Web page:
Echolocation is a physiological process used by some animals to locate distant or invisible objects by using the sound waves reflected off the objects located within their environment. Echolocation was first demonstrated in bats by Robert Galambos in 1938, and the concept was further developed by Lazaro Spallanzani, Griffin, and Louis who after separately conducting a series of experiments concluded that when bats fly at night they rely on other senses apart from the sense of vision alone. Echolocation calls usually range in frequency from 20 kHz to 200 kHz. Echolocation calls are typically based on the frequencies, intensity and the duration of the call.Animals use echolocation to navigate, avoid objects, and hunt for food. Echolocating animals include; Microchiroptera bats, whales, dolphins, Shrews, swiftlets, and oilbirds.
Bats are some of the few mammals which are able to use the sound to “see” in the dark. Bats echolocate by producing sounds through contracting their larynx or clicking their tongues. In some bats, the sound is made and sent out through their nose, but in the majority of bats, this is done through their mouth. Bats send out calls with both constant and varying modulated frequencies. The Higher frequency calls enable the bat to get sufficient information about the size, range, speed, and general location of the prey or the object. The calls emitted, typically range from 20db to 120db.The ears of the bats are uniquely structured in such a way that they can pick the frequencies of the calls emitted and the resulting echoes.
Whales And Dolphins
Marine animals such as toothed whales and dolphins use echolocation to detect objects along their path and in the depths of the ocean where it is quite dark. Dolphins always produce click sound through their nasal tissues and use the resulting echoes to communicate, avoid predators, and forage for food. Whales also emit sounds from their foreheads which reflect off the objects near them and use the resulting echoes to navigate and hunt for food.
Shrews are terrestrial mammals found in different habitats, but most prefer places with plenty of ground cover for protection. Shrews produce ultrasonic sound by opening and closing their mouth to emit a faint high pitched twittering sound and use the resulting echoes to understand their environment and how best to navigate through. In some shrew species, they use echolocation to locate suitable cover in their surrounding for protection against predators.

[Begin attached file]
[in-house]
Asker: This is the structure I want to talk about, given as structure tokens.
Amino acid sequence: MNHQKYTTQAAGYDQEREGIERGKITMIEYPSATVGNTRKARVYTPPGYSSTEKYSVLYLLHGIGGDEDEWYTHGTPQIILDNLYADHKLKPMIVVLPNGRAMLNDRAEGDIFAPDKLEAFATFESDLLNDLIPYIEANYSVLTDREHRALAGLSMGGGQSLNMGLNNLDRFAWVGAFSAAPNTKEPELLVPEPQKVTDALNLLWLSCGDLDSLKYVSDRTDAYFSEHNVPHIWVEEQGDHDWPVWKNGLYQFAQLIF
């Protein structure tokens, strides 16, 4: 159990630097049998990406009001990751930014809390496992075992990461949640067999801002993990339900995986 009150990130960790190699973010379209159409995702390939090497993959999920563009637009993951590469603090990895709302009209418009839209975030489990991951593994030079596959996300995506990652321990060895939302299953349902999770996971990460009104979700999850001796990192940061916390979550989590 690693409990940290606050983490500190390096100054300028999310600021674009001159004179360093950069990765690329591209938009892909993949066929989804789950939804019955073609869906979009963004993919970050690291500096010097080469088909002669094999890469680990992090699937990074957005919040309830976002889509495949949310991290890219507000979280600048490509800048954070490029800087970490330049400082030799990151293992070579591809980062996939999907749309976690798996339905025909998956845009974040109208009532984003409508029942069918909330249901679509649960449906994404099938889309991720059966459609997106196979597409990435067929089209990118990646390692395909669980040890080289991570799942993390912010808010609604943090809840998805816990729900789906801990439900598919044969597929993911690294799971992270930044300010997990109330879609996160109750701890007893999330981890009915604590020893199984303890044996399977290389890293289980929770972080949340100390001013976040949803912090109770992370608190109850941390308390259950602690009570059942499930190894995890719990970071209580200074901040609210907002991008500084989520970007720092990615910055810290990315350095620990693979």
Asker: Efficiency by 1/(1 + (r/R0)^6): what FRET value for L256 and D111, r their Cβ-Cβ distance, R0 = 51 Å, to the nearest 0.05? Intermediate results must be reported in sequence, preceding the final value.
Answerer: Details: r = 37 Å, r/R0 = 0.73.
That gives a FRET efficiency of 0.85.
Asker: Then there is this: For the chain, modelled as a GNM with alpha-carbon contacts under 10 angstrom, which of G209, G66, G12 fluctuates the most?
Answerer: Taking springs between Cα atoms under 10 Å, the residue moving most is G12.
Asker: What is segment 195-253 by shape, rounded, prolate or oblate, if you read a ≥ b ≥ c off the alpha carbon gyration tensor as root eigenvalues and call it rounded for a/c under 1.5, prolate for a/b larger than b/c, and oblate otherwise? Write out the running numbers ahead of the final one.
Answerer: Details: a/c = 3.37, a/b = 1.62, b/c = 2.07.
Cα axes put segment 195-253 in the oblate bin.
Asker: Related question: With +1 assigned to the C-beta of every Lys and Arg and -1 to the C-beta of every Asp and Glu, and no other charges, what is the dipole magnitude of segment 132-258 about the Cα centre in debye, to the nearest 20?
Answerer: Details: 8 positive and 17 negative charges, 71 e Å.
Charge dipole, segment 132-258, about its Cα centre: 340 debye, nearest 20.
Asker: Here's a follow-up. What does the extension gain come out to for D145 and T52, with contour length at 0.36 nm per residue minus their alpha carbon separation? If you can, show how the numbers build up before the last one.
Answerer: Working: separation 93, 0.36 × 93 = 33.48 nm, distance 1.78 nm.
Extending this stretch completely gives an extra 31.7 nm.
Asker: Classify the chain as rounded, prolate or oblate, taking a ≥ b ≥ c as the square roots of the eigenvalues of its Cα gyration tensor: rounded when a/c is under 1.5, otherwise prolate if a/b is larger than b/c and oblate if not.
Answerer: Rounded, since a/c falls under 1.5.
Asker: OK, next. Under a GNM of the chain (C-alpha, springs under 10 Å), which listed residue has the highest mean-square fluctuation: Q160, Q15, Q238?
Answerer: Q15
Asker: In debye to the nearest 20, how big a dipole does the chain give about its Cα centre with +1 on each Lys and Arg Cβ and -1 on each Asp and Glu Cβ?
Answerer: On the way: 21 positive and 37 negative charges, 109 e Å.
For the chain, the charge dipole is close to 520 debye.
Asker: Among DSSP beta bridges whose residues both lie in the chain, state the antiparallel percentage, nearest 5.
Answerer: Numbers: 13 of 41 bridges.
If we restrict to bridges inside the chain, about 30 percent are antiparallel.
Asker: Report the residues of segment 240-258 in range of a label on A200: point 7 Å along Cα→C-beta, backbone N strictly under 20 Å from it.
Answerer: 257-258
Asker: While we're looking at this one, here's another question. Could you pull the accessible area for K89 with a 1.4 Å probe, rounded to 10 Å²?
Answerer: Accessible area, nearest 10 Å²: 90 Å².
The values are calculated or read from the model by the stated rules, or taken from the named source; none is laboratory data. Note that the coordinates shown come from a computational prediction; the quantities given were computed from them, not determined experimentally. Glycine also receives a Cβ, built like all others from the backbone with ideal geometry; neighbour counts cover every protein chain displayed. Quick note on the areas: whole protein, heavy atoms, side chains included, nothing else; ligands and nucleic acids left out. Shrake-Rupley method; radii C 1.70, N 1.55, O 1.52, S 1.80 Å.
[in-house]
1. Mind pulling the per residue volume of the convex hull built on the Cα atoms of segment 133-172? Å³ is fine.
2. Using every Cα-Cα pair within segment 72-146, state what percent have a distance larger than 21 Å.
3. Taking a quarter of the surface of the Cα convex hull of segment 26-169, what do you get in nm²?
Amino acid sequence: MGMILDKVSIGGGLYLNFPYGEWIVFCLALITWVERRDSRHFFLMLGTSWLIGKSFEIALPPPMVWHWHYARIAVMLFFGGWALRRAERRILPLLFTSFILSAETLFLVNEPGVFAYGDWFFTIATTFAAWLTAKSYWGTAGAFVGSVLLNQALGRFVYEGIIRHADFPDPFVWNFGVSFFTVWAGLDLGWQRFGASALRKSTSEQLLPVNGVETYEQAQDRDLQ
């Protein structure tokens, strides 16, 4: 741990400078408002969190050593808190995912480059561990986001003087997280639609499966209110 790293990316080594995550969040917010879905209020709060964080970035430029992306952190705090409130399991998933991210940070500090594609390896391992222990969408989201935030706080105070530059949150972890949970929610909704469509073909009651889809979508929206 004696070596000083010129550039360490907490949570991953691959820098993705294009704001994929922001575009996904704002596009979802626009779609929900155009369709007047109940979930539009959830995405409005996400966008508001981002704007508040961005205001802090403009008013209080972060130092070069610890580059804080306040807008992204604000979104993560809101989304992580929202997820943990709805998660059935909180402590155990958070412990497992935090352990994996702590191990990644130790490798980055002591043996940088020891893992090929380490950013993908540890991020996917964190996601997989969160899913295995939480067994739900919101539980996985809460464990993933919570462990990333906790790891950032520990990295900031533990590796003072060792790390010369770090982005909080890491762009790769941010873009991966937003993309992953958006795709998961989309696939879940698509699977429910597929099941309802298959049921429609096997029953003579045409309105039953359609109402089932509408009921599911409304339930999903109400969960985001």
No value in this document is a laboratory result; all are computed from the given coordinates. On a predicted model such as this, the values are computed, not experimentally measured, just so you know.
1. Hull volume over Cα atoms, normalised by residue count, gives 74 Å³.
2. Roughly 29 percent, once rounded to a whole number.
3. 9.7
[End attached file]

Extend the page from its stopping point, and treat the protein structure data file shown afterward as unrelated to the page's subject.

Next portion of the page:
Swiftlets are some of the few bird species which use echolocation to navigate their way within the dark caves. Swiftlets emit broadband click-type biosonar calls and use the echoes produced to navigate and for social purposes. Bird echolocation skills are still very rudimentary and can only enable them to detect large object unlike in bats where they can locate even the smallest objects.
Oilbirds navigate, roost, and nest in dark caves. Oilbirds emit short bursts of clicking sound which bounces off the objects along their path to create echoes. The echoes return to the birds at different pitch and intensity. The echoes enable the birds to identify the size, shape, and location of the objects.Echolocation helps the birds to avoid collision with other birds within the colony and obstacles when hunting for food at night.
The principle of echolocation has been applied by people in the modern times to navigate and locate objects. Sonars and radars are some of the modern technological developments that apply the concept in their operations. Some blind people have also developed echolocation skills which enable them to locate obstacles along their paths.